- Feds ask judge to impose $6.5 million punishment for Cape surgeon (12/7/17)9
- Harbor Freight Tools plans to move ahead with Cape Girardeau store (12/5/17)2
- Former Wimpy's Drive-In owner Freeman Lewis dies (12/9/17)2
- Business Notebook: Yule Log Cabin gets home feel honestly (12/4/17)
- Makeover at the movies: Transformation complete inside Cape theater (12/8/17)4
- Sugarfire Cape barbecue restaurant to open June 2018 (12/7/17)
- Fire displaces family of seven (12/5/17)1
- Fruitland Army veteran spends weeks helping in ravaged Puerto Rico (12/5/17)2
- Pedestrian struck on Broadway (12/11/17)4
- Jury convicts Scott City man who confessed to murder; girlfriend's testimony corroborates confession (12/9/17)
Goal is to create wealth, not jobs
Americans can be so gullible. When and by whom did this notion that working people owe great gratitude to business owners and employers for providing jobs? The American worker owes nothing other than mutual respect and an honest day's work. Mutual respect begins with the employer because the employer reaches out for help with his business.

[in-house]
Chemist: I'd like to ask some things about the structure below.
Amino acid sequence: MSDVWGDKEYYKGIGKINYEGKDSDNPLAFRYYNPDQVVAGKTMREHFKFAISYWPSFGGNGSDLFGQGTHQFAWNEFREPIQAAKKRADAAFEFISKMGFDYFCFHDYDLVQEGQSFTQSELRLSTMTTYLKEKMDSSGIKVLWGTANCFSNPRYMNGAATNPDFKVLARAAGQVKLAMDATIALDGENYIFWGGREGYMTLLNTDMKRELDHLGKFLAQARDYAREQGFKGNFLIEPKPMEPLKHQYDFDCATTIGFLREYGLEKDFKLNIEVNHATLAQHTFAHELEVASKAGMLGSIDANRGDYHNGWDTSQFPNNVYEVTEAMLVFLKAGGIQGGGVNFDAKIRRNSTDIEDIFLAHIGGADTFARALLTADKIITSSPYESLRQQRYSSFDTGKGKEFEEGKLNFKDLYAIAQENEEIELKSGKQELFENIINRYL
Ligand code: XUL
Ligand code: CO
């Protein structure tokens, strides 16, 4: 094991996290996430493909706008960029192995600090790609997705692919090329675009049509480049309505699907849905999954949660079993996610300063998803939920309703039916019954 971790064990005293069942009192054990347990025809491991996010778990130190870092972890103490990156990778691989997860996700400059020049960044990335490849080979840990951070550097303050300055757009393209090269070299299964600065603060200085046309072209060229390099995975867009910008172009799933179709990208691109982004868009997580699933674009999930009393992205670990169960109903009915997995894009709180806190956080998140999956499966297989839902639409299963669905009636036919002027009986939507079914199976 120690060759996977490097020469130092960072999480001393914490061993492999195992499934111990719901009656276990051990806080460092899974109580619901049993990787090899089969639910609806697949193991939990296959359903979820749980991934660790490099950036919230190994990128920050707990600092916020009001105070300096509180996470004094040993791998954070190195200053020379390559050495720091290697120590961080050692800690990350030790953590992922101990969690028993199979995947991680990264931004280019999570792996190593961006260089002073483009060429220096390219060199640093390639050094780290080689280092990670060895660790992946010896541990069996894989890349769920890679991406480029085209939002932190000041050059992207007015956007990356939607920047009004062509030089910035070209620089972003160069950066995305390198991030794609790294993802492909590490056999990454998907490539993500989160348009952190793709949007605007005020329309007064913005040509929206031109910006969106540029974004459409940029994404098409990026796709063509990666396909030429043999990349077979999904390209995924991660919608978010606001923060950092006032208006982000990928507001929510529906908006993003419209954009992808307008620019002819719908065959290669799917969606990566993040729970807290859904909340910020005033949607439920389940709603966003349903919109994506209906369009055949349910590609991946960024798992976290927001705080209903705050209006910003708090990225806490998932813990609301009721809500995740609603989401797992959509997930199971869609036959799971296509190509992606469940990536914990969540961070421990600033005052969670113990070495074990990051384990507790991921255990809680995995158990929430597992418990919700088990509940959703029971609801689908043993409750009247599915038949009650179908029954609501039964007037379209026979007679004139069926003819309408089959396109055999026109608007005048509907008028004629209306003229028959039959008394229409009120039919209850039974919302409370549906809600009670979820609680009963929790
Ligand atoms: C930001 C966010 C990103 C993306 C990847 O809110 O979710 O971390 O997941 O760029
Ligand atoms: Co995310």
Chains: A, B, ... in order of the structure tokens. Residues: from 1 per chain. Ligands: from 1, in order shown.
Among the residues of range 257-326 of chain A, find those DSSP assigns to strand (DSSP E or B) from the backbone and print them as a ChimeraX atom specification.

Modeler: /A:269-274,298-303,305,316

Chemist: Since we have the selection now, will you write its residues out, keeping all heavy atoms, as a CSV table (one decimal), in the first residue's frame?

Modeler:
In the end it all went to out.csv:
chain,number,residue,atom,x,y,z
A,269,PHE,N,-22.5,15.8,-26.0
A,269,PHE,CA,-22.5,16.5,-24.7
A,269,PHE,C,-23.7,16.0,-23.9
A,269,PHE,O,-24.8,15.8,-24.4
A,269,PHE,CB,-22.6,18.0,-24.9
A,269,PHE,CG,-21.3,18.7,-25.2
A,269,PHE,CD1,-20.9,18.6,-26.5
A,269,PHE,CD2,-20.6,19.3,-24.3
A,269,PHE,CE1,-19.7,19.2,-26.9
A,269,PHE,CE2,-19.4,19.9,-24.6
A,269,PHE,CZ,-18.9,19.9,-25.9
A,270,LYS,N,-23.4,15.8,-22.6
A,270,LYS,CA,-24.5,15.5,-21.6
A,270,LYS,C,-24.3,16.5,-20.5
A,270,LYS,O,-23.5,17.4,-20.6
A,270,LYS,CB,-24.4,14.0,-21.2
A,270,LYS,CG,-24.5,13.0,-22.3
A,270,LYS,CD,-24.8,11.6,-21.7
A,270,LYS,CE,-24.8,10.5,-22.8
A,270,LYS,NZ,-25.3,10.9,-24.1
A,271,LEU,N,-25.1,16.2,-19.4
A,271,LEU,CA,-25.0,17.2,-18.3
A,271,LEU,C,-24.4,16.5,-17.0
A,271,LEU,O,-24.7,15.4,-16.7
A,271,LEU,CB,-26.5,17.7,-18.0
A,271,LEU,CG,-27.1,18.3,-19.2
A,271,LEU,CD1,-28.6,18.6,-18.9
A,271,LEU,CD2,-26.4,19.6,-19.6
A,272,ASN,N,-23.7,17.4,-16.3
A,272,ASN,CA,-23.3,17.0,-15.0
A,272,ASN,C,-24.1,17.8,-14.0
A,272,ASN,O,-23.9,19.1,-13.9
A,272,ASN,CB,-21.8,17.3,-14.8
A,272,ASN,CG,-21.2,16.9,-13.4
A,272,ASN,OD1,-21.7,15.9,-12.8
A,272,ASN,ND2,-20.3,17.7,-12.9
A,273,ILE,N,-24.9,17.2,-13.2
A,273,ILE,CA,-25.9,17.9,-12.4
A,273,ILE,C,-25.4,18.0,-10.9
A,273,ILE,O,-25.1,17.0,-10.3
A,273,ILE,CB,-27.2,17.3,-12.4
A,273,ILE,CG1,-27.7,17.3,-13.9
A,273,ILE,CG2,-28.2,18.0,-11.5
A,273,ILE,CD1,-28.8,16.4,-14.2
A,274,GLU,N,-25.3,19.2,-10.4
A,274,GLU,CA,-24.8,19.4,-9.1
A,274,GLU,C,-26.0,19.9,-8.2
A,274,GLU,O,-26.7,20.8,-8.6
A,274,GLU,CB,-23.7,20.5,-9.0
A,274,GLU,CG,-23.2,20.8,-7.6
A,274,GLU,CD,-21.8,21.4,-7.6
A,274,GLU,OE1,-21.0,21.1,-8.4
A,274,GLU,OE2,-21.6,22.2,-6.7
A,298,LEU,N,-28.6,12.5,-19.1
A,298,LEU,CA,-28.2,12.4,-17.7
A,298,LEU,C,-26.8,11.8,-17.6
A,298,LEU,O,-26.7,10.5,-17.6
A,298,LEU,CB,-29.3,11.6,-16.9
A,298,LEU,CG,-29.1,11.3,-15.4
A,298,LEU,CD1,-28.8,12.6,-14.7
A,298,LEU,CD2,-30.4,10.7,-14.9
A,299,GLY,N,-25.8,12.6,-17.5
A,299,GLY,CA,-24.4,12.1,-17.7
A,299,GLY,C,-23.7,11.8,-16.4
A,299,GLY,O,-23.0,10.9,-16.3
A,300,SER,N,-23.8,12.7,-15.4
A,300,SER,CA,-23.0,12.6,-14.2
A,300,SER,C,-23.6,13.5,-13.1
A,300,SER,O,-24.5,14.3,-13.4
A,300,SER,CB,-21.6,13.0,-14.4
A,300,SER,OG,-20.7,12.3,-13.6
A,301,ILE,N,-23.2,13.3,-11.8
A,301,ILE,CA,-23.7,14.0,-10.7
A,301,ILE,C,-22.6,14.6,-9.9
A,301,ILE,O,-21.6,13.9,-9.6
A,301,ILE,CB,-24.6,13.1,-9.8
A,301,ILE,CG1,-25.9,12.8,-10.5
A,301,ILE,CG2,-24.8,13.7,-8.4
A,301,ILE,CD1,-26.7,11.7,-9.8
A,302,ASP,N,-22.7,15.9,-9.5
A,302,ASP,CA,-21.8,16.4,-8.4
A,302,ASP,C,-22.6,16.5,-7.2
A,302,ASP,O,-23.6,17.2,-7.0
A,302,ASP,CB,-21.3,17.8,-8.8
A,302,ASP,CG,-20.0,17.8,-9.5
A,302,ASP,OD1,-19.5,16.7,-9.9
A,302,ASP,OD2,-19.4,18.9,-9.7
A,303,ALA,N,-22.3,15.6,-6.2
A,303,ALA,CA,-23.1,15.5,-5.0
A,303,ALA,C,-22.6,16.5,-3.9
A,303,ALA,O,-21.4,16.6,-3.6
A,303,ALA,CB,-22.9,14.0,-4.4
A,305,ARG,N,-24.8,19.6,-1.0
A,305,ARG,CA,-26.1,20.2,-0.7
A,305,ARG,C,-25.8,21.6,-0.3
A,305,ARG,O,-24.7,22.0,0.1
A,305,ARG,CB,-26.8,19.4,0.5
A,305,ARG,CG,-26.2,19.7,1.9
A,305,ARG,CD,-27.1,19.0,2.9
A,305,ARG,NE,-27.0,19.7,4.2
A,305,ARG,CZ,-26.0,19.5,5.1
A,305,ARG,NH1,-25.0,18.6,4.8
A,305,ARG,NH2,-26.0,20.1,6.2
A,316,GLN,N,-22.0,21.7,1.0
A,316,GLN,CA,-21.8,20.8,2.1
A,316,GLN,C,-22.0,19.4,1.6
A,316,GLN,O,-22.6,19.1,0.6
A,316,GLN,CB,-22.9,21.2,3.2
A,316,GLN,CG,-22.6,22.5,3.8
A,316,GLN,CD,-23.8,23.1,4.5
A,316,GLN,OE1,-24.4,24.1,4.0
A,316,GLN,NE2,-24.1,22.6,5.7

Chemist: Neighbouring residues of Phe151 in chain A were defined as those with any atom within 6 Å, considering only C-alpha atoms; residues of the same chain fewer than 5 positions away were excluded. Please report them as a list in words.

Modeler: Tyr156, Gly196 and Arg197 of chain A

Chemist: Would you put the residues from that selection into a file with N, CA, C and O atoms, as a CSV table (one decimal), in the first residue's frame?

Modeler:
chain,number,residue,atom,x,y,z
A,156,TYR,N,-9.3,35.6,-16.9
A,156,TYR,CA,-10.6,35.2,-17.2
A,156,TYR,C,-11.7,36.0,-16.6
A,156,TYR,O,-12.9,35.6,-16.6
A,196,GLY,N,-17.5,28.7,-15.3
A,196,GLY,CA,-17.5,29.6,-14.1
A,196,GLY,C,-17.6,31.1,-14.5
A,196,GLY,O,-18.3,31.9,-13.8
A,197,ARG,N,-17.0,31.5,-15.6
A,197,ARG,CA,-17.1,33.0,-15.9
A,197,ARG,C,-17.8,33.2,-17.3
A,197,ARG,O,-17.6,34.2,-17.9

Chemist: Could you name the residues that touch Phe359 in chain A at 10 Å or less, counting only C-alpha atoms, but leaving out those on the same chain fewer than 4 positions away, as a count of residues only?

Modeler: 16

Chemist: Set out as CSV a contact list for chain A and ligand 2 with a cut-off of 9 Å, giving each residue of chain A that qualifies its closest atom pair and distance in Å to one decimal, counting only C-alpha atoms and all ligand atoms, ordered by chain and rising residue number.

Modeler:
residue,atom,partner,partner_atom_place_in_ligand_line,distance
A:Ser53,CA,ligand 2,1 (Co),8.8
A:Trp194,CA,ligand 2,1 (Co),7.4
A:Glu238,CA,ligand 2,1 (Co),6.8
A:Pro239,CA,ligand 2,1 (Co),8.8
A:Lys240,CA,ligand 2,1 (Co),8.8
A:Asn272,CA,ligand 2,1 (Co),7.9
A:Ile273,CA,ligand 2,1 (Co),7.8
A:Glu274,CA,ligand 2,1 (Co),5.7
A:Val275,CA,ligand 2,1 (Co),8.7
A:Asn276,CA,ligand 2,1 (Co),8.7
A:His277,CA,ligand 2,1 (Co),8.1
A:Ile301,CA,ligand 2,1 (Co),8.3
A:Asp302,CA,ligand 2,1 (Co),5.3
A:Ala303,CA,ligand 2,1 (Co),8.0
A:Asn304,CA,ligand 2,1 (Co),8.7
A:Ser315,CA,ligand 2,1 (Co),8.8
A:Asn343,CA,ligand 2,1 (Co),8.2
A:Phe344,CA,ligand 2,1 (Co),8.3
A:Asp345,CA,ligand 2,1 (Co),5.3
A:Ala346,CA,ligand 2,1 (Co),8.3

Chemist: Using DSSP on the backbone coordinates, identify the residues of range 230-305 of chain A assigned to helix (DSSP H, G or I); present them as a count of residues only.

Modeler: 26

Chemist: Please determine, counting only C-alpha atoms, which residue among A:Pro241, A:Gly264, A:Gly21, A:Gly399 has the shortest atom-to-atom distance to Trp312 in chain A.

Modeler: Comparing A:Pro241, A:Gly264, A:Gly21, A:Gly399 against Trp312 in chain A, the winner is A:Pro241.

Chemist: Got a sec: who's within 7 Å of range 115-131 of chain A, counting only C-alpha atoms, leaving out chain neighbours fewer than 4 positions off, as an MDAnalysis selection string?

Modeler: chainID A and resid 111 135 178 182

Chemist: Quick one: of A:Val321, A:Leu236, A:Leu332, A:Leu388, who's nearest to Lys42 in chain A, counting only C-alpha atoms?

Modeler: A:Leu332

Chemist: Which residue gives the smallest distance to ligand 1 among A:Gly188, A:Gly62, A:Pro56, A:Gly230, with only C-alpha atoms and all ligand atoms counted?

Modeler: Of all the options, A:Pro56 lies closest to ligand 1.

A prospective business owner just does not wake up one morning and decide that his primary goal in life is to provide jobs for working people. His goal is to make money, period.
When the prospective owner conjures up his business plan, he finds that it cannot be done without help from employees, so the search for capable workers begins. The thought of paying a decent wage or salary has nothing to do with altruistic notions of helping workers attain a decent standard of living. In fact, the core of his business plan is to attract competent workers at the lowest wage possible so he can keep more of the profits for himself. He may be compelled to offer benefits, not because he has an urgent interest in the employee's welfare but to be competitive in the labor market.
To be sure, the prospective business owner puts his assets and financial well-being at risk, it is the gamble he chooses and he is entitled to a respectable profit. This gamble does not subordinate an employee to inferior status or humble him to the owner.
VAN RIEHL, Jackson